J. Anthony Lucas, two-time winner of Pulitzers, spent the last seven years of his life researching and writing his 754-page opus "Big Trouble," which will remain without question the seminal study of one of America's most facinating trials.

On the morning of June 5, 1997, Lukas met with his editor to discuss final revisions to Big Trouble. He returned in the afternoon to his Upper West Side apartment and hanged himself with a bathrobe sash. He was 64 when he died. Lukas, who had been diagnosed with depression ten years earlier, wrote a 1987 book "Silent Grief: Living in the Wake of Suicide," inspired by his own pain of living with the suicide of his mother, who had slashed her throat at age 33.

Lukas was known for the "excrutiating, almost obsessive precision of his research." After graduating from Harvard he worked as a reporter for the Baltimore Sun, then the New York Times. He won his first Pulitzer in 1967 for an account of a wealthy teenager found beaten to death in Greenwich Village by her counter-culture boyfriend. His second Pulitzer was for "Common Ground," a 1985 book about race relations in Boston. Lukas also wrote in 1971 a book about another famous trial, "The Barnyard Epithet and Other Obscenities: Notes on the Chicago Conspiracy Trial."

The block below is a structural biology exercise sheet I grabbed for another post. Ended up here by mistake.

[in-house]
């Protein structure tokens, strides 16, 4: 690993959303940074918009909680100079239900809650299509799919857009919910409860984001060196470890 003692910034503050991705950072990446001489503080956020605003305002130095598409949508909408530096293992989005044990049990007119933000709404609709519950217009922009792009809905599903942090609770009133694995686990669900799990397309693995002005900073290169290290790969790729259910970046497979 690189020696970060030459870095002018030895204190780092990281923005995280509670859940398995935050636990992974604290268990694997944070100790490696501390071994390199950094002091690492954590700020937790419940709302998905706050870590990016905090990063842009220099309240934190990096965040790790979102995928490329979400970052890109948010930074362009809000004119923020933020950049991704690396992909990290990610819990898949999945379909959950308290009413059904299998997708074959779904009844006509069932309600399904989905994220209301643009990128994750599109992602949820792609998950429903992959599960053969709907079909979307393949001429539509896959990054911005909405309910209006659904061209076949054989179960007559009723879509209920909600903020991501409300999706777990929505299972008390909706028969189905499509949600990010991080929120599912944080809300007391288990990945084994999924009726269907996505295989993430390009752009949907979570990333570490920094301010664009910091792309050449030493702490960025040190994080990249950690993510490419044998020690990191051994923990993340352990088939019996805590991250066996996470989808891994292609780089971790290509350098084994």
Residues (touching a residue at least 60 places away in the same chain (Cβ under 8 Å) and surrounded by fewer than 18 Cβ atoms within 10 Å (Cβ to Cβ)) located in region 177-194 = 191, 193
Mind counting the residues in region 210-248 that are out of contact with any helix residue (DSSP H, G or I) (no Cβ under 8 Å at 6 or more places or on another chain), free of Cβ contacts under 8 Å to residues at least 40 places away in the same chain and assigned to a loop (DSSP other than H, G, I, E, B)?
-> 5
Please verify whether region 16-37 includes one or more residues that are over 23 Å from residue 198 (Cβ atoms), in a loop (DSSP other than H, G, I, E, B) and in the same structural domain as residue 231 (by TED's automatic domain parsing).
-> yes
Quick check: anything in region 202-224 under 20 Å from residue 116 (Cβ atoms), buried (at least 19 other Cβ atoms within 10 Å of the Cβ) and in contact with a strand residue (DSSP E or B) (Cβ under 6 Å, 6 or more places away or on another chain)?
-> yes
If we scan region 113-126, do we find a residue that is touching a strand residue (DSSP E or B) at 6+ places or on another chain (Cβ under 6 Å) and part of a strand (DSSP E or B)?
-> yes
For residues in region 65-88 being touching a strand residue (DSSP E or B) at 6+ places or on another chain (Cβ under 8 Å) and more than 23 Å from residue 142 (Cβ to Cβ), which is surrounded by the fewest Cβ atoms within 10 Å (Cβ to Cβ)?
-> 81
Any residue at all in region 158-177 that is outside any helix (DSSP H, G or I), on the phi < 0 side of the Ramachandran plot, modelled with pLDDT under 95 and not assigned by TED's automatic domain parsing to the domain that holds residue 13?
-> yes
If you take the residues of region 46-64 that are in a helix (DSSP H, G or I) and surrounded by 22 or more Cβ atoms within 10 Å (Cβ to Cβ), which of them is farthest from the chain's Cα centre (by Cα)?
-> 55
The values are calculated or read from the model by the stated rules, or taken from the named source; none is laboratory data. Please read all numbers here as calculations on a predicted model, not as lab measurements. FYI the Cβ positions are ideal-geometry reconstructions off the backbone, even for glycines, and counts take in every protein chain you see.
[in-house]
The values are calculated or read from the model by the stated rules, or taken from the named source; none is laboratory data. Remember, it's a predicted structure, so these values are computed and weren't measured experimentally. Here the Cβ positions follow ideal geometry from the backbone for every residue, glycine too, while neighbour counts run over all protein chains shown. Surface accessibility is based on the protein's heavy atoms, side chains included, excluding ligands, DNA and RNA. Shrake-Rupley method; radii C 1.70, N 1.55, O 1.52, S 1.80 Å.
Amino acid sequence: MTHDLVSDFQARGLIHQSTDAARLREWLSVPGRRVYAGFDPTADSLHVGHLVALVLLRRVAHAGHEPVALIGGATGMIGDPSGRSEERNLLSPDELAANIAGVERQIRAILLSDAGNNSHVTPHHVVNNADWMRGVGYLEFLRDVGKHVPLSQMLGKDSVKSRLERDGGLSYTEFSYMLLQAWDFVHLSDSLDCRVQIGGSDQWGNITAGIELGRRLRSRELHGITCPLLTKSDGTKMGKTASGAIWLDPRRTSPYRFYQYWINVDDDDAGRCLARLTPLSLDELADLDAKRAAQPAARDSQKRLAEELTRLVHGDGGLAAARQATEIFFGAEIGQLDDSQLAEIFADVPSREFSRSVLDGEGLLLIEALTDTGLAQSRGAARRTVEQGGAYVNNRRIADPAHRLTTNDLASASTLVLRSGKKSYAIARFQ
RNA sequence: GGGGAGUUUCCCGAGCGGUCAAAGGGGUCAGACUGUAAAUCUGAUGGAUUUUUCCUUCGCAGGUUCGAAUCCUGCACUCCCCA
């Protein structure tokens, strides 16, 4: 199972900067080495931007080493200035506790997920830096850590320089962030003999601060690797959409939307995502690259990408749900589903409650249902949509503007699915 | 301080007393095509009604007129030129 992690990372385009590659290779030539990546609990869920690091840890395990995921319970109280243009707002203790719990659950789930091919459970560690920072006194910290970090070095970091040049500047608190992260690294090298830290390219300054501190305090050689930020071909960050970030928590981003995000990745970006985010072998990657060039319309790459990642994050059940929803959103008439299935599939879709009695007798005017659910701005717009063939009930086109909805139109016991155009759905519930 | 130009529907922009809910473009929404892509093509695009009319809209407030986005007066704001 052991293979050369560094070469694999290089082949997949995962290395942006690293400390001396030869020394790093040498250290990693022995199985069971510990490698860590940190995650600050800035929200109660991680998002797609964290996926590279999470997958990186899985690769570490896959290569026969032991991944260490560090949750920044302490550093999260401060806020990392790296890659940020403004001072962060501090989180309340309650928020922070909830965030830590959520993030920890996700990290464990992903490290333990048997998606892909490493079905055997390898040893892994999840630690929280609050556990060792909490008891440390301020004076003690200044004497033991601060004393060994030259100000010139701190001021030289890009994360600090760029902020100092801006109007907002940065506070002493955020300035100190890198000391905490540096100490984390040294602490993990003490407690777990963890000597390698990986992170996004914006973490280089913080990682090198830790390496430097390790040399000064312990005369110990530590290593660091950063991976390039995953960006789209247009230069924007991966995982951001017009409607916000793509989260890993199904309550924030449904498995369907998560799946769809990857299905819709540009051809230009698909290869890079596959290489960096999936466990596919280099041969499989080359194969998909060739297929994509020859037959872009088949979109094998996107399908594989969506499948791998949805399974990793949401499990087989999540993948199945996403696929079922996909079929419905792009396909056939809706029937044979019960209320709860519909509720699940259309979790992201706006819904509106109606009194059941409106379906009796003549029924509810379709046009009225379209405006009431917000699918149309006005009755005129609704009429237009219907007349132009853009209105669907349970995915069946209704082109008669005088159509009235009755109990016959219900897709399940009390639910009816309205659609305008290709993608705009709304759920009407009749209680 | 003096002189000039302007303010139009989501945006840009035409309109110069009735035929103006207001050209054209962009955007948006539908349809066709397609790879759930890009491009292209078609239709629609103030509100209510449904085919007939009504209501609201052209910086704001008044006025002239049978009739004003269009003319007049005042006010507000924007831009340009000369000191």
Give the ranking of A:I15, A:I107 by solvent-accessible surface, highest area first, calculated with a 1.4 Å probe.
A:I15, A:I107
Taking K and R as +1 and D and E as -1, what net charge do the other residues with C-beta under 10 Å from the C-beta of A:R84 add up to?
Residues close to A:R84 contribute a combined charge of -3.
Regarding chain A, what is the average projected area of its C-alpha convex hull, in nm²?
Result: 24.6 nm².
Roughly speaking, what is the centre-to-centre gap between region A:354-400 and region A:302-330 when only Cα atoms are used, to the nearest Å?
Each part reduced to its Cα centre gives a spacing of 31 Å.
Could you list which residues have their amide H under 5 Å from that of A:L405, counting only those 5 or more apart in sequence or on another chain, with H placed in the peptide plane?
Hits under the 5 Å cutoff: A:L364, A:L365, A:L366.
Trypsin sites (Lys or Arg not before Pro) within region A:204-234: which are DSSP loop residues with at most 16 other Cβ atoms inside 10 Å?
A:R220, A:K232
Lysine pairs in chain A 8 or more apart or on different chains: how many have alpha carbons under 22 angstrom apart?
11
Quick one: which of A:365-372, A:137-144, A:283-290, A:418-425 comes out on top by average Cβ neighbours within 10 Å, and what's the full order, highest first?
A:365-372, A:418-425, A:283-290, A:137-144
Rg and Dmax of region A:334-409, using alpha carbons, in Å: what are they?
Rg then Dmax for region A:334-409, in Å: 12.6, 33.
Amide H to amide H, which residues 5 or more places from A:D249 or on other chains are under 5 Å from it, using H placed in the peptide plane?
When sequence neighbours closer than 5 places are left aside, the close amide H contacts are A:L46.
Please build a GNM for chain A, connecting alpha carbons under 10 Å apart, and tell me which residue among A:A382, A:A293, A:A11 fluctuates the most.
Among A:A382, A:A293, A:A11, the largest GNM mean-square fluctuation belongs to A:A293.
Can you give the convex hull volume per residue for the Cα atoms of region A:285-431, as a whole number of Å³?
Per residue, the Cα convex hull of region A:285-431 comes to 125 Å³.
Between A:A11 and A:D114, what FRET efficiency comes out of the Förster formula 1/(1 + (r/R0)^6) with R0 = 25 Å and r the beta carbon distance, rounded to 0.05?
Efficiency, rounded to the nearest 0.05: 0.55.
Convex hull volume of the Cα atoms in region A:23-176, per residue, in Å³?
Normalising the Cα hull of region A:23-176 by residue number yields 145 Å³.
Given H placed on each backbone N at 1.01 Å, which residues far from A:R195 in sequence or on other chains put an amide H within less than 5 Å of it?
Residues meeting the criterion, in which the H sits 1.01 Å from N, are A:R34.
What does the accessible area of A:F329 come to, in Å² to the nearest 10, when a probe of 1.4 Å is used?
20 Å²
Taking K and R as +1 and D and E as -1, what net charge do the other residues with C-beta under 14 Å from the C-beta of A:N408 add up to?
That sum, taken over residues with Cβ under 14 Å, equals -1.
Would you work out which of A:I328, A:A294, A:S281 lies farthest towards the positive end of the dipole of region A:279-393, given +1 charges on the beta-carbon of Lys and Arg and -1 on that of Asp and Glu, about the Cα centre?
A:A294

Many adjectives have been used to describe one of America's most brilliant writers: decent, erudite, insightful, dedicated, intense, energetic, inventive, sensitive, tender, self-righteous, brooding, restless. A friend described Lukas as "the happiest and the saddest man I know." Apart from his love of writing, Lukas found happiness in gardening, baseball, and pinball (Lukas bought his own machine: "The ball flies into the ellipse, into the playing field-- full of opportunities.")

"Big Trouble" was Lukas's first attempt at pure history, and the project left him full of self-doubt. He worried that his book was too ambitious, that he wouldn't be able to get his point across, that it didn't show his talents as well as "Common Ground." As the Big Trouble neared completion in the spring of 1997, friends worried that he seemed mentally and physically exhausted. On the Monday before he died, Lukas called an editor at Life who had assigned him the task of writing a piece on Caldwell, Idaho's changes since the Steunenberg assassination and told him "he didn't know what to write." Friends who knew Lukas said such a thing had never happened before.